Five trends for 2017 in sport science and medicine
Published: 19 Jan 2017
GlobalSportsJobs continues its trends series for 2017 with a look at the ever increasing data-fuelled developments within sport and exercise science. Once again technology plays a central role, with performance analysis, injury prevention and personalised diets for elite and amateur athletes alike creating game-changing developments both on and off the field. Fuel your career with the industry insight that separates you from the crowd:
1. Analytics for injury prevention
During 2017, the focus of backroom medical staff will be on preventing injuries using 3D motion capture technology. Sensors attached to a player’s body accurately reproduce his or her movement in real time to pinpoint injury-causing techniques, joint misalignment and fatigue.
Intelligent algorithms provide specialist individualised data which instantly analyses movement and pinpoints pressure points. They also suggest exercises to reduce the risk of injury and strengthen identified areas of weakness.
Coaches will increasingly prioritise individual data accumulated over time, which measures players’ own optimum performance, rather than a statistical norm which they may not fit. Any individual degradation over time is identified and addressed.
The accumulated data on professional athletes will prove invaluable to teams researching injury prevention and treatment solutions for the open market. Expect to see announcements on this front during 2017.
Manufacturers to watch include Montreal-based start-up Heddoko, whose smart compression suit tracks full body movement in 3D to provide actionable insights, immediately available on an analysis dashboard, via smart app. Coaches can track metrics over time, make comparisons to benchmarks, assess risk of injury, and identify musculoskeletal disorders.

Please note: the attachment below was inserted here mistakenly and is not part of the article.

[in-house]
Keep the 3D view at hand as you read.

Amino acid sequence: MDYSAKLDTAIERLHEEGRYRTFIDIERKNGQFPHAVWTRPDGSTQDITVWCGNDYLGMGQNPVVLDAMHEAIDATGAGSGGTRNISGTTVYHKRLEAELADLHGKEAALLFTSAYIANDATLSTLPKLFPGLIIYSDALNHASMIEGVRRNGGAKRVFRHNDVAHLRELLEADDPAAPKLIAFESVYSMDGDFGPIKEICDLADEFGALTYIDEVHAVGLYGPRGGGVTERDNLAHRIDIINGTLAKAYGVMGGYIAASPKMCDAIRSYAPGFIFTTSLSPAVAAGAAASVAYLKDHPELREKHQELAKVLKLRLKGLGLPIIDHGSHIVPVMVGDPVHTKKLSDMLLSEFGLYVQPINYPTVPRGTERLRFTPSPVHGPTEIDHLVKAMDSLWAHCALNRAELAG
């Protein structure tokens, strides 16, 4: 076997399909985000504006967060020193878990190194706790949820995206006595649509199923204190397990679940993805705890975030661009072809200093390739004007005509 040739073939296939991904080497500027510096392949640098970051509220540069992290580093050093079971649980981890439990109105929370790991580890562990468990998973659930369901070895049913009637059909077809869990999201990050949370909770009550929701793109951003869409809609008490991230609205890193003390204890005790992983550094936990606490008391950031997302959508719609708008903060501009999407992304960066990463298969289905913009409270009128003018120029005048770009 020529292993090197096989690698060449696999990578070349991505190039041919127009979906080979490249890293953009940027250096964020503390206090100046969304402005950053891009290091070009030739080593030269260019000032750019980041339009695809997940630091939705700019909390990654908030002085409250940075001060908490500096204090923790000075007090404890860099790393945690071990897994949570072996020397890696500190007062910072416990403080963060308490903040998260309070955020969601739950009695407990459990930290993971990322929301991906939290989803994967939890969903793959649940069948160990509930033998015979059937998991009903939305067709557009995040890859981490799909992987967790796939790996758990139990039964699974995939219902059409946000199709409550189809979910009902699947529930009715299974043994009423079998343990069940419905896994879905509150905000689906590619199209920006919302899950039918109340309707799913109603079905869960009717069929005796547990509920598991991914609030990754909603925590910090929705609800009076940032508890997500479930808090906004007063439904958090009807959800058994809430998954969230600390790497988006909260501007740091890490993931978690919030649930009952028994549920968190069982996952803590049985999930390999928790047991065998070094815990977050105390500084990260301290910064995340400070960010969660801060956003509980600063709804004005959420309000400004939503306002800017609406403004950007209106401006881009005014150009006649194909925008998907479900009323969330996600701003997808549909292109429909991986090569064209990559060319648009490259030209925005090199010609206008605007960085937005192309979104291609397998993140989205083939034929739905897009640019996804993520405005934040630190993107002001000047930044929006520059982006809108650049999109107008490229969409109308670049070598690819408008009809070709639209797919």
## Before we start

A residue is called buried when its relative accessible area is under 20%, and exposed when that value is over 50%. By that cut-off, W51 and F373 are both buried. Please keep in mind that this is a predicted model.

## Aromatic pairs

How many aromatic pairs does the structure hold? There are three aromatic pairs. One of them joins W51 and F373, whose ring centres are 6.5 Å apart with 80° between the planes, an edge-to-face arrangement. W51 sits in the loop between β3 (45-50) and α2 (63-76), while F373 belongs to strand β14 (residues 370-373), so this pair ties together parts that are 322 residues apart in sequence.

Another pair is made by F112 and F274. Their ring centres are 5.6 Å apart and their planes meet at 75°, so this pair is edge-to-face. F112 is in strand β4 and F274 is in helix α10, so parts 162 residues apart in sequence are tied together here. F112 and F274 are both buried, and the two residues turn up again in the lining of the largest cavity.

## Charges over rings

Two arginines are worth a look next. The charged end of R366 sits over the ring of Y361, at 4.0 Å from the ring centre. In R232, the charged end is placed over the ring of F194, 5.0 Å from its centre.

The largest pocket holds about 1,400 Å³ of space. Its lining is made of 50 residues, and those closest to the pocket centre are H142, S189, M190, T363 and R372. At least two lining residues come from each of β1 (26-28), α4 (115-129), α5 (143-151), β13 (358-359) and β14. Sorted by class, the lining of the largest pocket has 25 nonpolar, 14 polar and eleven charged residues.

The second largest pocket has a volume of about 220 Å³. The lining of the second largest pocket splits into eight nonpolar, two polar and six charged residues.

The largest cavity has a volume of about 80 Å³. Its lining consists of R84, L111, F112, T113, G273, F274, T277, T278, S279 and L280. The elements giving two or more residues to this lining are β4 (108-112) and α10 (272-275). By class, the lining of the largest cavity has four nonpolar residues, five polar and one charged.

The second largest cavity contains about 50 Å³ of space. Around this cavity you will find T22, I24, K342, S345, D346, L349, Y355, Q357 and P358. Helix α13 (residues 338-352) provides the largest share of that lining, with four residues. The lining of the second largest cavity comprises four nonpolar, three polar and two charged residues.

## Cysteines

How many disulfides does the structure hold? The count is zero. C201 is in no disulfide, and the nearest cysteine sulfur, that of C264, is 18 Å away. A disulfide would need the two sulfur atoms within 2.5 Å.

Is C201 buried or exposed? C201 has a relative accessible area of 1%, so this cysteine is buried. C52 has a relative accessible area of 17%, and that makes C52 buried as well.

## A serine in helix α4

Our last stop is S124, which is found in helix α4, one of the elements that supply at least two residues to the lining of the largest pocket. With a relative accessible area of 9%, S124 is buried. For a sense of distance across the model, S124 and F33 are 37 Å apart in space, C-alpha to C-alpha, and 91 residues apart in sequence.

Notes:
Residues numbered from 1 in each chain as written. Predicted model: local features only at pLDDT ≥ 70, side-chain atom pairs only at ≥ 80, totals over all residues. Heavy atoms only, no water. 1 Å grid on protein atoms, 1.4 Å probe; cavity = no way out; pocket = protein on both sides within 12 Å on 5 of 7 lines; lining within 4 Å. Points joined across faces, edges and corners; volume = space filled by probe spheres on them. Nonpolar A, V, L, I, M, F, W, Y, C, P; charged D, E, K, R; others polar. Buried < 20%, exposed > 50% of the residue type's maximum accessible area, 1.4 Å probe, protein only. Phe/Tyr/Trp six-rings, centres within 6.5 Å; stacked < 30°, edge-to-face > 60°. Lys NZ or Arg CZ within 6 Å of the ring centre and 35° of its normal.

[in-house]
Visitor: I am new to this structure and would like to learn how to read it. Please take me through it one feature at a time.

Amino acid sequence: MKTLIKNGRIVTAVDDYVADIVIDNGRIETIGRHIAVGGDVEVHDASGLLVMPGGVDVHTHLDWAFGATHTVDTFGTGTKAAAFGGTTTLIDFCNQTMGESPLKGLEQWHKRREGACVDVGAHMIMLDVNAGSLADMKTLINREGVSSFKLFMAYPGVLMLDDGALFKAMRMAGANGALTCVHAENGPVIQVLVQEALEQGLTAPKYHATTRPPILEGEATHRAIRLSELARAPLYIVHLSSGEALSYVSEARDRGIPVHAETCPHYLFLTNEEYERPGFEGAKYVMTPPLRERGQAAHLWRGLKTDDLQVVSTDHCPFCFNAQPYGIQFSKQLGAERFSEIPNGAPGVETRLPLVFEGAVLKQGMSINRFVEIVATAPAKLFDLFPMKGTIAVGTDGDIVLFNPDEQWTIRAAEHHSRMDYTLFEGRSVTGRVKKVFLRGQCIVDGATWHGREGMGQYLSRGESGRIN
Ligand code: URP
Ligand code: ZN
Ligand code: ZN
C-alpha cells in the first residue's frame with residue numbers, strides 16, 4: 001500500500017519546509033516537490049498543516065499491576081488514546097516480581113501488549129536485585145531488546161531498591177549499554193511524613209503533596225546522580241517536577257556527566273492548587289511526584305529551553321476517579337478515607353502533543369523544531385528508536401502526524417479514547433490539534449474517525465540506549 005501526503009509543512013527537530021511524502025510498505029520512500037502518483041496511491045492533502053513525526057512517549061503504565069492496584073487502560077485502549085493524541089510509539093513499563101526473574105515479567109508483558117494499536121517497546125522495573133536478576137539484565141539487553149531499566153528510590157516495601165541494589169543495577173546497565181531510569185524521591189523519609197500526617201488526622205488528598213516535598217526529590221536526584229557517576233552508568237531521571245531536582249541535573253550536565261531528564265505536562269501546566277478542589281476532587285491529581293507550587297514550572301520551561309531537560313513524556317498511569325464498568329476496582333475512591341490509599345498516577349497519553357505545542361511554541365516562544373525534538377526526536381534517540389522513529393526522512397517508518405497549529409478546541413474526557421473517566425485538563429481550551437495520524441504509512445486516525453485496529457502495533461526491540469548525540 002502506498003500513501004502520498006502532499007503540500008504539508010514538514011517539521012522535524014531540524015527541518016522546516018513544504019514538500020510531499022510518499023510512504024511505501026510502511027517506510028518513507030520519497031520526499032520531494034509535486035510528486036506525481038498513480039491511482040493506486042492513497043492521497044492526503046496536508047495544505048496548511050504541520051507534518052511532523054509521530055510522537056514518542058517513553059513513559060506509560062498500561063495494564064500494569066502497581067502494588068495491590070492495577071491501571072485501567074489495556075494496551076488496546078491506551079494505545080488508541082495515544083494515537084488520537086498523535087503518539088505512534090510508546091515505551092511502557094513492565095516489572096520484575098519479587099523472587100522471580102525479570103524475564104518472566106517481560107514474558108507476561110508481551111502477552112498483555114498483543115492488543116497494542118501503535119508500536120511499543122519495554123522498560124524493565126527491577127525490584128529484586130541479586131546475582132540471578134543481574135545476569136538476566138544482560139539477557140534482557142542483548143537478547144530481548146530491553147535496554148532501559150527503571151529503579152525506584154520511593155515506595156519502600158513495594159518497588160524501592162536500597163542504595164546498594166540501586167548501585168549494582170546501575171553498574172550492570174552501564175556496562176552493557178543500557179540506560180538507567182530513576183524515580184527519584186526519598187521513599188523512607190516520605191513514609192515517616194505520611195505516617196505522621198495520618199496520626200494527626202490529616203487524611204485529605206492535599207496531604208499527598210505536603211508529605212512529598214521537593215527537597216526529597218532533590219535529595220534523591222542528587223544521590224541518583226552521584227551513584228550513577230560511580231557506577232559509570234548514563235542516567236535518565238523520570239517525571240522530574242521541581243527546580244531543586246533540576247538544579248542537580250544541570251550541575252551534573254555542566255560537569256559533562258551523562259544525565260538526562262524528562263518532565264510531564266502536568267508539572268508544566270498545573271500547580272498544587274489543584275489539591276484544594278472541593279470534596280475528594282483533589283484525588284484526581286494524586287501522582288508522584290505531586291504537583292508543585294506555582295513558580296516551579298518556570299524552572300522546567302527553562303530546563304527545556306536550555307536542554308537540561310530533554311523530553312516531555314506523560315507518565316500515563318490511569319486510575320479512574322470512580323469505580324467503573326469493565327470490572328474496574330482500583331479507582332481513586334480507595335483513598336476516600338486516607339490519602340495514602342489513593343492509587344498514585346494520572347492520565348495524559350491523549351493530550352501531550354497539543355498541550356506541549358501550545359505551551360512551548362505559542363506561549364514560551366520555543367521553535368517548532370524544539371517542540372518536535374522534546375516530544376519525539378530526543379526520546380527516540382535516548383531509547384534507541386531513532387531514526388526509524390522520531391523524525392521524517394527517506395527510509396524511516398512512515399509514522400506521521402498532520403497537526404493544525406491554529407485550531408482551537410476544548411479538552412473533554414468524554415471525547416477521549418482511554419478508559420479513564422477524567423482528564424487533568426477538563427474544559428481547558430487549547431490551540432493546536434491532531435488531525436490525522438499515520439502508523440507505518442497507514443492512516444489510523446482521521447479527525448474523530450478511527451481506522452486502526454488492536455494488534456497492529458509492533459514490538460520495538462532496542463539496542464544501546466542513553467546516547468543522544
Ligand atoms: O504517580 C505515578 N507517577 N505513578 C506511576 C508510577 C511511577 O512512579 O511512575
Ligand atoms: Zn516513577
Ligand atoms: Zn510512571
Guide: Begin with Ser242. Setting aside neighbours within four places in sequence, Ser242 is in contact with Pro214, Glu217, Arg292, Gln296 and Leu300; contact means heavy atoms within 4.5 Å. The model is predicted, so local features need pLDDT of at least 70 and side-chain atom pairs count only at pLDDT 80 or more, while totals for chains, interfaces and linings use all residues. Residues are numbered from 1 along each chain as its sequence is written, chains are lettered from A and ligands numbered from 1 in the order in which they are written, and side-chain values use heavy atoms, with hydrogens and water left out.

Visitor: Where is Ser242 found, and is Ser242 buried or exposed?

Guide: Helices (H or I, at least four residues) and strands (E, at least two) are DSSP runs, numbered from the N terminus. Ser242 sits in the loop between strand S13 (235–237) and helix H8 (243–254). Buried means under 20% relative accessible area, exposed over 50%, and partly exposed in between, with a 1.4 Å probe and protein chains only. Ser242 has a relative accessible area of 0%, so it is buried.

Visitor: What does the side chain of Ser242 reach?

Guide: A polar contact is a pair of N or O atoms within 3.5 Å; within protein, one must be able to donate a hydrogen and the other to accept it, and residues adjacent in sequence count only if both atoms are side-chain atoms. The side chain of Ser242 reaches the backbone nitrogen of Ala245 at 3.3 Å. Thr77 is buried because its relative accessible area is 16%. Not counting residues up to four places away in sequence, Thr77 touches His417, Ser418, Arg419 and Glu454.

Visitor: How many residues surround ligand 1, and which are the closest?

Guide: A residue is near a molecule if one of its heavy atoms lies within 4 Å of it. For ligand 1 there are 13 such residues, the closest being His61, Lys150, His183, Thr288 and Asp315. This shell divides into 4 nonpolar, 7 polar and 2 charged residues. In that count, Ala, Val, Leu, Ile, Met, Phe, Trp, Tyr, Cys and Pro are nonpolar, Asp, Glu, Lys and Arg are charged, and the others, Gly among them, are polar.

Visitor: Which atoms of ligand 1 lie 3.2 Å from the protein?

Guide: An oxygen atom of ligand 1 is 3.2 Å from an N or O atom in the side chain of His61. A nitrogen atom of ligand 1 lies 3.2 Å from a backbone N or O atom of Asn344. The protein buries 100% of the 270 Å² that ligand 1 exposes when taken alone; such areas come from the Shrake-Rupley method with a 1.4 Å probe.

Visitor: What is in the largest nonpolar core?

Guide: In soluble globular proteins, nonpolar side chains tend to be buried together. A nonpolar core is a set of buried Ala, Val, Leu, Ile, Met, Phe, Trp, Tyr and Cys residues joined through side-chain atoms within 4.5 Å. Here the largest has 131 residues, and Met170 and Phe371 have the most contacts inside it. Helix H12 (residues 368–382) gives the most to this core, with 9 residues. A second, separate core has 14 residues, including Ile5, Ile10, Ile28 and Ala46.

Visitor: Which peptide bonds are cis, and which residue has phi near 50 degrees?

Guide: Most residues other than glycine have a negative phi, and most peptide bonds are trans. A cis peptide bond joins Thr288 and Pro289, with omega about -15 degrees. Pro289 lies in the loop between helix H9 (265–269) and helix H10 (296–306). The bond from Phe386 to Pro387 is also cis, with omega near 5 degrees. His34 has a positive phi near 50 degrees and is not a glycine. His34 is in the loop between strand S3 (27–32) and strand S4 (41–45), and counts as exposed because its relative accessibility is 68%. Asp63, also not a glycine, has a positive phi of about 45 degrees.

The NBA has recently invested in an injury prevention and training programme KangaTech which was developed in conjunction with North Melbourne Football Club (nicknamed The Kangaroos).
Kangatech uses wireless sensors to gather force data during gym sessions to deliver real-time player strength, load and wellness data to performance and medical staff. The information is used to screen athletes, guide exercises to reduce the risk of injury, provide insight into injury causes and fast-track rehabilitation.
Sportwear manufacturers such as Nike are also starting to focus on understanding the biomechanics of athletes’ bodies to enhance performance and reduce injury. They use visualisation tools to generate a 3D image of the athlete in motion, delivering key data and insights which are applied to product design and development.
2. New Injury Recovery and Wellbeing Techniques
As competitive sports become increasingly intense, so has the incidence of injury – and the pressure to return to competition as soon as possible. Hyperbaric therapies, particularly hyperbaric oxygen therapy (HBO), will be increasingly used to treat sports injuries among high performance athletes in 2017.
HBO biologically repairs and regenerates human tissue, reduces swelling and stops infection. It is particularly useful in cases of head injury or concussion, but also aids recovery after intense training sessions by relieving muscle soreness.
The relatively new technology whole-body electrostimulation (WB-EMS) is an exceptionally time-efficient addition to conventional training sessions to improve blood flow to working tissue. Research points to it being a good alternative to intense resistance training when recovering from injury, and to enhancing performance capacities among footballers. But scientists warn there is a risk of muscle damage to those who are less fit. Expect more news on this technique during 2017.
Psychological recovery after injury – particularly a long lay-off, is a central part of any recovery strategy for sportsmen and women. Given the increasing popularity of Mindfulness, we expect mental training apps for athletes to be big news during 2017.
An early front-runner is Lucid, an app to help athletes focus and adopt a positive attitude, mental strength and harness their energy into positive confidence. Michael Jordan, much of NFL team the New York Jets and US Olympians are already using the app, which uses five-minute sport-specific mindfulness exercises.
3. Sweat analysis
A new, small smart patch attached to the skin could change the way we monitor health and performance during 2017 – by analysing our sweat.
The ECHO Smart Patch, marketed by San Francisco-based start-up Kenzen, monitors, prevents and predicts health conditions. It is being piloted now, with a consumer version set to be available for purchase before the end of 2017.
The patch’s patented biosensors continuously measure key biomarkers found in sweat to monitor health signs and gather data to prevent injuries, turbo-boost recovery and improve human performance.